Former ballerina Daniela Aldrich manages Dancing Harvest Farm in South Portland. Mikayla Patel / The Forecaster

Daniela Aldrich spent the first 18 years of her life working toward a career in professional dance, eventually joining the New York City Ballet. After becoming disheartened with that path, she found a new passion: vegetable farming.

She now is the manager of the new Dancing Harvest Farm, South Portland’s only agricultural farm, on Highland Avenue. Fourth-generation owner Jon Ruterbories said the land hadn’t been maintained as a farm in years, but he wanted to return it to its heritage.

“It’s really cool to see that land be farmed again in a way that’s systematic and well done by Daniela,” he said. “It adds to the storied history, and the community is glad that it’s here.”

For Aldrich, farming and dance are not all that different. Both are ways of connecting with people and offering them something you’ve made, she said.

Rows of crops at Dancing Harvest Farm in South Portland. Mikayla Patel / The Forecaster

“Both are super physical, but also very precise,” Aldrich said. “You’re repeating a lot of tasks all day in ballet and farming. You can be focusing on these small steps, but they all add up to this incredible choreography.

“You offer people a performance and hope to connect with people that way, and with farming you offer them your harvest and hope to connect through your produce,” she said. “It’s something that’s live in the moment, and then it’s gone.”


‘Ballet had been my identity’

Aldrich began dancing as a toddler when she was introduced to flamenco dancing in Spain. Her mother is Spanish and both of her parents are Spanish professors.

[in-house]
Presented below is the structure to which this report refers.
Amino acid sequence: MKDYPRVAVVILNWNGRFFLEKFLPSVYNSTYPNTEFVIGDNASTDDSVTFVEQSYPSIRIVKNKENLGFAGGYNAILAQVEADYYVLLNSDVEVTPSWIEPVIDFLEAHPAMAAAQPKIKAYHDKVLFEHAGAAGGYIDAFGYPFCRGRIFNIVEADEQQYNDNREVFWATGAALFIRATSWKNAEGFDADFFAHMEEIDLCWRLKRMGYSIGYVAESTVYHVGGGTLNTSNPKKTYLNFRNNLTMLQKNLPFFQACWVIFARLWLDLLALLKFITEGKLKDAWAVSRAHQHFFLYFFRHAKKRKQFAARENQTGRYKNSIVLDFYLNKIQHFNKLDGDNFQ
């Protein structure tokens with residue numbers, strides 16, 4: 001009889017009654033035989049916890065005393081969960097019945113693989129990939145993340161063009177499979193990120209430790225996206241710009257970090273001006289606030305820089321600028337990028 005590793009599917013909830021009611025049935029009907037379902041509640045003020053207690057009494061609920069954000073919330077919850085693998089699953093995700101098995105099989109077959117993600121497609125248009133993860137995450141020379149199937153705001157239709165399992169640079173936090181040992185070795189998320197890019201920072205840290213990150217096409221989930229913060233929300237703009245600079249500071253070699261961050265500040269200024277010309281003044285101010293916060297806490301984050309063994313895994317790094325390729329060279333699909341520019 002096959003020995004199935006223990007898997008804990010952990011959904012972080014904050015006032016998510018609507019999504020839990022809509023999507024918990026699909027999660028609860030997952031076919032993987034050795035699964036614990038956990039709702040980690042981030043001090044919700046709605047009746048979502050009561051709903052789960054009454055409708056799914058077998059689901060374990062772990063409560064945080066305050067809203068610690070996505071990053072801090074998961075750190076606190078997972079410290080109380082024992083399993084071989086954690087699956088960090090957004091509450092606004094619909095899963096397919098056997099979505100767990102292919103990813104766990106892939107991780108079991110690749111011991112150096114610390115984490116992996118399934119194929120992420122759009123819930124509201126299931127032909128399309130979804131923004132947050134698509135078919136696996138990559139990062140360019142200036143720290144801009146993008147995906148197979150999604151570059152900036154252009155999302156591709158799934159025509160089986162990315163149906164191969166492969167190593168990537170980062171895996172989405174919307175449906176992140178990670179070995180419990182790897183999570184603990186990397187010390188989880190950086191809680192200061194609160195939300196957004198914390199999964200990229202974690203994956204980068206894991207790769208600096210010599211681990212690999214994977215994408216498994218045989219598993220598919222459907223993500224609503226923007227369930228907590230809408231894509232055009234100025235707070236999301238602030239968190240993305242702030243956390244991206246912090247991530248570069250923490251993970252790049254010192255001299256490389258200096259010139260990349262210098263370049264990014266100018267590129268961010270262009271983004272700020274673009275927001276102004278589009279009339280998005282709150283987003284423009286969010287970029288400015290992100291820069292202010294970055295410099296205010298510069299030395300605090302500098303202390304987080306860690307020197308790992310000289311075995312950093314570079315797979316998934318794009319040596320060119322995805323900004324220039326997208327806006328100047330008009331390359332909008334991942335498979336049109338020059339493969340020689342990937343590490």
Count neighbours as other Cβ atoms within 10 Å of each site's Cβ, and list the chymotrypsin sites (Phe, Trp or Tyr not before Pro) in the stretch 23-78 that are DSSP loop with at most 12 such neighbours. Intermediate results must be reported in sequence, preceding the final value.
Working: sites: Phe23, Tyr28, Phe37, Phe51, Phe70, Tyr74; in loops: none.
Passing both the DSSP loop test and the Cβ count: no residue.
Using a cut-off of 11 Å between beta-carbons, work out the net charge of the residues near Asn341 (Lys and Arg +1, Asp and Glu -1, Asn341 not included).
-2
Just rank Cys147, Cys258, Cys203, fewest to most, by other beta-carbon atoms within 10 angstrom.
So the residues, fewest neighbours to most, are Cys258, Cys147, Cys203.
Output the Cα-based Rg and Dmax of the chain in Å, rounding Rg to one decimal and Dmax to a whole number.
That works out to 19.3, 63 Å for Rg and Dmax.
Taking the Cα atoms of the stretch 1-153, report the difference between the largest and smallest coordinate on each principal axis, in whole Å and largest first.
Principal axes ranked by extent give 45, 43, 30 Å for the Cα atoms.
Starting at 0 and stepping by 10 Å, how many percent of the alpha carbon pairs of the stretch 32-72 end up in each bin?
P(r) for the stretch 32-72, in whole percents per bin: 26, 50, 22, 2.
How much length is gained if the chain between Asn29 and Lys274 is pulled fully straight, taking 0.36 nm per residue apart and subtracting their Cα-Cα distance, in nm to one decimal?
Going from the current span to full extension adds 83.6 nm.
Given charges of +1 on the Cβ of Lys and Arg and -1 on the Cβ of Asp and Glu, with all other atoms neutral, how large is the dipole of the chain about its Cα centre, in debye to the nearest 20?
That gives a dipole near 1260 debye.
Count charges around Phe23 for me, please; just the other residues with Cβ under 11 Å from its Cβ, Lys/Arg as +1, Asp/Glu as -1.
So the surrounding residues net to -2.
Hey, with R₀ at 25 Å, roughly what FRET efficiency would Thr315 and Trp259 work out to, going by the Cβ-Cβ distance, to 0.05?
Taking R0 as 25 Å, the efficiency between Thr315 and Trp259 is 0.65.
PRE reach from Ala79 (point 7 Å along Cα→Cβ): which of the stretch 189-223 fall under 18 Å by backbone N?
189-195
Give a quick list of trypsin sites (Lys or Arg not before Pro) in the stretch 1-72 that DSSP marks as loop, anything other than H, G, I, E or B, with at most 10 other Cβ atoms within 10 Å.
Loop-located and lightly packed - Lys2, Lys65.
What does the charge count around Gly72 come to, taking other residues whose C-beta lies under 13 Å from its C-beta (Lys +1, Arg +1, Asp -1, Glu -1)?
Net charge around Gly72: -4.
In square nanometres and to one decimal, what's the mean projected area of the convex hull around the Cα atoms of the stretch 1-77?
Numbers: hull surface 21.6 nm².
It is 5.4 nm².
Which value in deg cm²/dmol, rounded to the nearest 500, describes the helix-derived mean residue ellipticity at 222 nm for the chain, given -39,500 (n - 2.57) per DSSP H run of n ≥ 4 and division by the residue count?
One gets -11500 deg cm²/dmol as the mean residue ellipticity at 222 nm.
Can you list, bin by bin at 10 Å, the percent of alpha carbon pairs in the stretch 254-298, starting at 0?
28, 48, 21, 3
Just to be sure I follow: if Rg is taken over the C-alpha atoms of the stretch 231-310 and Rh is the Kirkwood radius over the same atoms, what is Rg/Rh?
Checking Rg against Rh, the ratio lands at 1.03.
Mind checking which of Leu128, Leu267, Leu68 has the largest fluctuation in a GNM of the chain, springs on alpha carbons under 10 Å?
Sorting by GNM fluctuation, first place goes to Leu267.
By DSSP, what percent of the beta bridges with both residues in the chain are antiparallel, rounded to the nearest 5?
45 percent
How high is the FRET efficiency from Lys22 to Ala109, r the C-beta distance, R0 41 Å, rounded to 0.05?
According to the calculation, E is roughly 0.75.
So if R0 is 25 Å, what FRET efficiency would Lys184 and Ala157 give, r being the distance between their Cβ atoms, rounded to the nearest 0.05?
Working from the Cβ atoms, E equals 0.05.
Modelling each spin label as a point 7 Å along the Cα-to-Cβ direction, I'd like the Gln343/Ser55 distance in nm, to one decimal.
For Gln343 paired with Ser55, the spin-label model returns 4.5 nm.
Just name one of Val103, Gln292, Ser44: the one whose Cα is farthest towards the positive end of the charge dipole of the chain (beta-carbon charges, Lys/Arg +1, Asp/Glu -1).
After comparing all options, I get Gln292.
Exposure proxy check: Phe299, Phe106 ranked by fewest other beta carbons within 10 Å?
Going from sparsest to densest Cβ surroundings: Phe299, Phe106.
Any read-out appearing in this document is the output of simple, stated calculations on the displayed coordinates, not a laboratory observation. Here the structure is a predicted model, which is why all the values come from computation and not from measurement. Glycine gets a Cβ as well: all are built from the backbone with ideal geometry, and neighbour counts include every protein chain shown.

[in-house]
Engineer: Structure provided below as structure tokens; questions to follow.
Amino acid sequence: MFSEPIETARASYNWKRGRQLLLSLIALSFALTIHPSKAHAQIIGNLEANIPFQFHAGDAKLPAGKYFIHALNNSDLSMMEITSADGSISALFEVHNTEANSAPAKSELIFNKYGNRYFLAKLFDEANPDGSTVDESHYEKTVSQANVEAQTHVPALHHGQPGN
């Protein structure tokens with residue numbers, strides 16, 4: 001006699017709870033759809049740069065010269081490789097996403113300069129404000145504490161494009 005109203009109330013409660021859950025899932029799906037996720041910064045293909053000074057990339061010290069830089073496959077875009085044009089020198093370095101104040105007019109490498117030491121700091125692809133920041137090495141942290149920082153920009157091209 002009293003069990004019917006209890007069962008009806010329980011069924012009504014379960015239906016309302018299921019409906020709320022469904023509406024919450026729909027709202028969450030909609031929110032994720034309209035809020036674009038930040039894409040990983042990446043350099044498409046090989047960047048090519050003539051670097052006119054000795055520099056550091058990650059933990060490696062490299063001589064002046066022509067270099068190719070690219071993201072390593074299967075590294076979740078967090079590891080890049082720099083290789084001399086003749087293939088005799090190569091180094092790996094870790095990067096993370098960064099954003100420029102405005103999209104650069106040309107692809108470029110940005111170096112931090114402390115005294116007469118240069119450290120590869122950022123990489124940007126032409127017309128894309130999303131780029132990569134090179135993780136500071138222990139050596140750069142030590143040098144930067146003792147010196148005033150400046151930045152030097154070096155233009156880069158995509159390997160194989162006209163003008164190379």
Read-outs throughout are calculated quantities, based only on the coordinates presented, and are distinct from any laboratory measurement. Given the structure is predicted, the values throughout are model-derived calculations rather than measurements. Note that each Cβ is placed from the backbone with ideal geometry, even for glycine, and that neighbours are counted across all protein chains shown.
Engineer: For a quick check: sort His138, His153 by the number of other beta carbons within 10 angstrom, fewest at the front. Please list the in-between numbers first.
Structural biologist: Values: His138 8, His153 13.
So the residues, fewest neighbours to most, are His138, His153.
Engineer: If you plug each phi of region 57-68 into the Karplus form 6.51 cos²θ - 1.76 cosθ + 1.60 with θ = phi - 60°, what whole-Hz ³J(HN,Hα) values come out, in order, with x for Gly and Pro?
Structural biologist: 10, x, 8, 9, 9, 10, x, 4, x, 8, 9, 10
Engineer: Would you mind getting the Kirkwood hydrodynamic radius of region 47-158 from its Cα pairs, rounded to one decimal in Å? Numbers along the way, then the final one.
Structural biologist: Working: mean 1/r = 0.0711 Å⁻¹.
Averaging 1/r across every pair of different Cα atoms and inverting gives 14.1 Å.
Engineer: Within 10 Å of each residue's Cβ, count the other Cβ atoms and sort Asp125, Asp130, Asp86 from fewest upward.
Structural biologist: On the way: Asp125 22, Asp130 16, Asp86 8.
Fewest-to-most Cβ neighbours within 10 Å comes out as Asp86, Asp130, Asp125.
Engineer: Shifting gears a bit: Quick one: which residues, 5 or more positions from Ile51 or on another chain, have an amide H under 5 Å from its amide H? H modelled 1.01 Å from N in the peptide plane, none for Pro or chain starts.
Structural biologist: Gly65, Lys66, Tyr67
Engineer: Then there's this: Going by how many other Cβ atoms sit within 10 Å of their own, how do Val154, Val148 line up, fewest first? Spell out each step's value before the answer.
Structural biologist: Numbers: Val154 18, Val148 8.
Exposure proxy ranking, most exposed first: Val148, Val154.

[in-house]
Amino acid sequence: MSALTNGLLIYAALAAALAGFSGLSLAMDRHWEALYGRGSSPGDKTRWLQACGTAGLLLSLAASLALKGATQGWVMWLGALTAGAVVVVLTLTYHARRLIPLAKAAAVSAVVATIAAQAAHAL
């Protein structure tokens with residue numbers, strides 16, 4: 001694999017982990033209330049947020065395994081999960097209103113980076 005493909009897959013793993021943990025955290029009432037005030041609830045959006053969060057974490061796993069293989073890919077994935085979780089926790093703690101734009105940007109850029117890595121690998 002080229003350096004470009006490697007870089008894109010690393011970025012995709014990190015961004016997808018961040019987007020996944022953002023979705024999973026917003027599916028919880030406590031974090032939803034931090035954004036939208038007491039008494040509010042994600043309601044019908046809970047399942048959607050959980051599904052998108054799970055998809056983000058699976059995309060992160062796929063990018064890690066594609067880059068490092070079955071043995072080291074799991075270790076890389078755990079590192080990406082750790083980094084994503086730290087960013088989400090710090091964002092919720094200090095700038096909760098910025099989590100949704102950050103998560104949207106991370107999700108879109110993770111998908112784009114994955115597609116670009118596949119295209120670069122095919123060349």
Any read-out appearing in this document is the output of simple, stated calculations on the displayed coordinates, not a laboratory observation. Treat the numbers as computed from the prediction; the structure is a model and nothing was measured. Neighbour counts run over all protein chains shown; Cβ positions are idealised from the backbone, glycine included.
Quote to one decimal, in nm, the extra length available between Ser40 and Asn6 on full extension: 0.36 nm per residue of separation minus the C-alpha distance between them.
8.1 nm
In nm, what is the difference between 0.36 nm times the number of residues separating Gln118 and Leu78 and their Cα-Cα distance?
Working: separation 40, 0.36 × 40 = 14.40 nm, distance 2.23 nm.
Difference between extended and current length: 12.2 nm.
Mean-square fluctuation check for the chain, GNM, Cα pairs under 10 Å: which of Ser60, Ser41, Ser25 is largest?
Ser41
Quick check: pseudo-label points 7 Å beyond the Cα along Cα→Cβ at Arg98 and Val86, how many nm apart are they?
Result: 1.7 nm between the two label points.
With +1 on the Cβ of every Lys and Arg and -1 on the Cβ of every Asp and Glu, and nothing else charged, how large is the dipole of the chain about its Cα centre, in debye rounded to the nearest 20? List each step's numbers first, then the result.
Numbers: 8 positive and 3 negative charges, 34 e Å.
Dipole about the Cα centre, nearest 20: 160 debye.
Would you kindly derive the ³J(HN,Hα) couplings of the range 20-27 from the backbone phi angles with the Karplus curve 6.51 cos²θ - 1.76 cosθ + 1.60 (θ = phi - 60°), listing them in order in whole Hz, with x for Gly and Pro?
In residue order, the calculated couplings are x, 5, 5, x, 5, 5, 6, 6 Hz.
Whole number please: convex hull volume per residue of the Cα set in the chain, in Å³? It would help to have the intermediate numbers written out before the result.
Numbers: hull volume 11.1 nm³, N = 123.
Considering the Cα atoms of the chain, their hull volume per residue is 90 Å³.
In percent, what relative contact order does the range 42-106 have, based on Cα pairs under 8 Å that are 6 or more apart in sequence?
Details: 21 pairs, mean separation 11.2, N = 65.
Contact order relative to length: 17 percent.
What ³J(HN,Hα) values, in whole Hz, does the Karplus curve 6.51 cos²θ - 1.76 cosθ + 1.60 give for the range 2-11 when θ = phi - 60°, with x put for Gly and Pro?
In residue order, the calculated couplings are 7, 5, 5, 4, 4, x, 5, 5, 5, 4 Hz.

In her home state of Pennsylvania, she began ballet at 6 years old. At 18, she was apprenticing with the New York City Ballet.

“My whole life dream had been to be in the New York City Ballet,” she said.

Once she was there, however, she didn’t feel the excitement she had expected, and instead felt “this is not really where I fit.”

The intensity of professional dance pulled her away from the joy of the act of dancing.


“Ballet had been my identity growing up,” she said, “but I thought, maybe I can go back and rebuild.”

She returned to Pennsylvania and went back to school, signing up for environmental studies courses and deciding to learn Portuguese. That combination led her to farming.

She spent her junior year studying in Brazil, where she met farmers and environmental scientists, and felt inspired to pursue that path.

Daniela Aldrich checks the progress of plants in the Dancing Harvest Farm greenhouse. Mikayla Patel / The Forecaster

“I left ballet brokenhearted, and physically felt very shut off,” she said. “Working in the field and farming, I felt embodied again and found it super mentally challenging and interesting.”

“Every year I finish the season wanting to try it again next season,” she said. “All winter I’m planning and thinking through puzzles, and then you get to practice it in the field.”

A family farm 


Ruterbories’ family purchased the Highland Avenue land in the late 1800s.

“My mom passed in 2021, and when she passed, I inherited the farm,” he said.

He wanted to return it to its roots, and he and his wife, Anne Sedlack, decided to lease the land to Aldrich last year. Aldrich started work on the farm full-time this spring.

“We’re pregnant with our first child now, and it’s great to have our children grow up in this land and to provide food for the community,”  Sedlack said. “It’s been farmed really intentionally by Daniela.”

The couple got married a few years ago, and Aldrich provided carrots for their wedding.

Aldrich provides her spring, summer and fall produce through a Community Supported Agriculture Program. Members can receive vegetables ranging from greens and eggplant, to tomatoes and beets, and turnips and winter squash. She also participates in several area farmers markets.

Her husband, Colby King, helps her manage the farm.

“It’s been amazing to learn from Daniela and see her passion shine through,” said King, a second-grade teacher.

“She brings such a community-focused mentality to building the farm and making it accessible to folks who live nearby, and also people who might not have access to freshly grown veggies on a regular basis,” he said.

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